You might have noticed it's been a little while since I wrote a blog post. Or you might be going merrily along with your life none the wiser. Either option is fine. But suppose you ARE that person who has noticed it's been a while. Suppose you've been waiting for me to complete my blog series on boys and reading. If you are among these people, then you might have worried the past month or so that I wasn't writing much any more.
Well, worry no more! Because as it turns out, the problem was the opposite. I was writing. A lot. And it all pointed towards one purpose...
Last year I completed my Master's, and while that was awesome and exciting, it also left an empty space in my life. During my studies, I'd been enjoying the support of a school writing community that pushed me to produce large amounts of work and also to refine that work into something better. I can't emphasize enough how amazing it was to focus entirely on writing during that time.
But perhaps even more important, school created a sense of urgency in me when it came to writing. If you didn't show up with new pages every week, you looked like you were slacking off, even if you were technically *allowed* to miss a week or two. But why would you want to? The feedback we got by workshopping our stories each week was incredible. All you had to do was finish on time, and people would read your work and comment on it and help you improve it.
Deadlines were one of the best things about school. I could take or leave the grading, but the chance to learn and workshop once every week - well, I can't over state it. Since graduating, it's been difficult at times to force myself to keep to a writing schedule, largely because I don't have someone external to me expecting results in a timely manner. I tried setting my own deadlines, but I felt strongly that I'd do better if I was writing for something.
The best solution I could come up with was to look for a writing conference I could attend at some point this year. Conferences provide a great opportunity to network with other writers, enter contests, interact with publishing professionals and - highly appealing - join critique groups and get feedback on work.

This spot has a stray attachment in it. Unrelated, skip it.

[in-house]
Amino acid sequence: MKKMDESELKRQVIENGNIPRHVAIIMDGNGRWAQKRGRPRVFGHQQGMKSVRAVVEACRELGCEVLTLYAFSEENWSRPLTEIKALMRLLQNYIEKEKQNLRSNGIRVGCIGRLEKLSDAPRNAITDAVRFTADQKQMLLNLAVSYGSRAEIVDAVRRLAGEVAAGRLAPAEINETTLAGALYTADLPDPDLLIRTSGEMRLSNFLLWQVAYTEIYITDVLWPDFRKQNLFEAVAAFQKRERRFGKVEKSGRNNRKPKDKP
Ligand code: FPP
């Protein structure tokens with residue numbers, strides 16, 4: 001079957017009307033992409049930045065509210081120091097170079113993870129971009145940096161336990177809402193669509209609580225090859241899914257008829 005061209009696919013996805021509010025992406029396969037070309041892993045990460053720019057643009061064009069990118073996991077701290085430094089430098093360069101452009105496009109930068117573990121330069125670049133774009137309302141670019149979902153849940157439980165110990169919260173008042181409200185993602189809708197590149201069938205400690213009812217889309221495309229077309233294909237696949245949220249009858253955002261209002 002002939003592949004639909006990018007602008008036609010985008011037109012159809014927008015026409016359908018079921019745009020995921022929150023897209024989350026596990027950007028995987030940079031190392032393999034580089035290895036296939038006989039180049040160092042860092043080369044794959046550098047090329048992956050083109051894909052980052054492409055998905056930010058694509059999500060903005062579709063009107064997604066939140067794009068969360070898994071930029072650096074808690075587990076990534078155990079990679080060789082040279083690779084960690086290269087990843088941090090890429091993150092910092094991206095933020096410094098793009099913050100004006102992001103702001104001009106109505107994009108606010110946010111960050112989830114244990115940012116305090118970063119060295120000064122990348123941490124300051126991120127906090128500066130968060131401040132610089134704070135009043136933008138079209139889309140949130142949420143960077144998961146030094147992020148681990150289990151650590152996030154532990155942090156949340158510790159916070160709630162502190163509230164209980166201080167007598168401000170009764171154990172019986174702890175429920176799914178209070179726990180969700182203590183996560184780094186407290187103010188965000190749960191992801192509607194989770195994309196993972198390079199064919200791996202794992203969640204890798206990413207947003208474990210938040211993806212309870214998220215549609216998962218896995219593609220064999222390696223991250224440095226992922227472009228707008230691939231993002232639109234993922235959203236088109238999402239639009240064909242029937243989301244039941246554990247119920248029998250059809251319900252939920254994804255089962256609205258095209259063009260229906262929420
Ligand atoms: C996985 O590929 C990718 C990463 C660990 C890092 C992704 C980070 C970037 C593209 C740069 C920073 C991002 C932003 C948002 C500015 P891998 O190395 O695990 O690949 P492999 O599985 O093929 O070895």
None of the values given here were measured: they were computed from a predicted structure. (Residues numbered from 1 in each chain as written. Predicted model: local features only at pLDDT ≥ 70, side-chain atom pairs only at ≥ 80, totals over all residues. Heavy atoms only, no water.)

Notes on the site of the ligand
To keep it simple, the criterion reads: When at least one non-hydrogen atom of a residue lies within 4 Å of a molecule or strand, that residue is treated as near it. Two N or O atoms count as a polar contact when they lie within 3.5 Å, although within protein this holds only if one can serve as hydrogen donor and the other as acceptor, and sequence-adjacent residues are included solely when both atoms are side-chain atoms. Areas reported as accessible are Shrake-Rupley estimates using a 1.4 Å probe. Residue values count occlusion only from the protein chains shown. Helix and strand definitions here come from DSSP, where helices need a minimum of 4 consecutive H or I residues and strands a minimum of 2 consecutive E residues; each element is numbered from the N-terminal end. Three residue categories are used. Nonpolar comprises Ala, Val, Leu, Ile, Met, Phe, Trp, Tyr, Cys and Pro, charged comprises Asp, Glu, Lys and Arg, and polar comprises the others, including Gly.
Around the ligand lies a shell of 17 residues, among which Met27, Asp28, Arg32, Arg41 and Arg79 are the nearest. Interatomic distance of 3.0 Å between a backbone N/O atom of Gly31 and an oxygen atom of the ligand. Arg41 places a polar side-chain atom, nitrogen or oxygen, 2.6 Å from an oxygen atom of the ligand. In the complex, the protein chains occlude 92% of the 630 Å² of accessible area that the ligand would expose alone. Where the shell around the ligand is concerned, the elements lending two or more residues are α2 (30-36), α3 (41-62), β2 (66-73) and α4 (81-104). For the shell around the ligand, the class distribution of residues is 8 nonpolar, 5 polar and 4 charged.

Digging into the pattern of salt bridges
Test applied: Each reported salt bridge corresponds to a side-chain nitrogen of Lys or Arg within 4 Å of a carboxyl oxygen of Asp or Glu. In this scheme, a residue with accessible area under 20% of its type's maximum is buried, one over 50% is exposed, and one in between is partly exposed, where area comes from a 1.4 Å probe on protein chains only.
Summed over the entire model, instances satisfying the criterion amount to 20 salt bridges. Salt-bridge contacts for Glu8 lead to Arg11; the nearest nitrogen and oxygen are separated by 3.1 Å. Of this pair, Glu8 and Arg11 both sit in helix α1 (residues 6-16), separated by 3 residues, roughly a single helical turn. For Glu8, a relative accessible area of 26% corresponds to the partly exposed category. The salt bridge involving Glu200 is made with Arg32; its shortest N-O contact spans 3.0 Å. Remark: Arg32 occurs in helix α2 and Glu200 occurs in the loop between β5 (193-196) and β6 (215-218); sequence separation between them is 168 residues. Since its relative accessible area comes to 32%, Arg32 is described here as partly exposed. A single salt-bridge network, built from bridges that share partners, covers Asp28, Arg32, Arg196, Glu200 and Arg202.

I spent a long time finding a conference that I both wanted to attend and could afford to get to. Eventually, I settled on LDStorymakers. There were agents and writers in attendance I was interested in hearing speak, an impressive schedule of classes and, perhaps most compelling, it was all taking place in Provo, Utah, where I could stay at my sister's house for free!
I've already thoroughly enjoyed getting to know the Storymakers community. People have been supportive and reached out to one another, offering feedback for the First Chapter Contest and playing Twitter games with each other. It only seems like it can get better from here.
I'm also excited - though, honestly, nervous too - about the chance I'll have to interact with other writers who are members of the Church of Jesus Christ of Latter-Day Saints. For anyone who was either raised in/currently belongs to a religious community, it's pretty much impossible for your faith not to influence all aspects of your life. I think this is particularly true for Mormons and other minority religions. We're used to coming off as oddballs to other people at times, because our beliefs aren't common and we might not see things the same way as those who hold more mainstream beliefs. And despite this obvious influence, my writing life and my religion have often been kept in neat, separate boxes.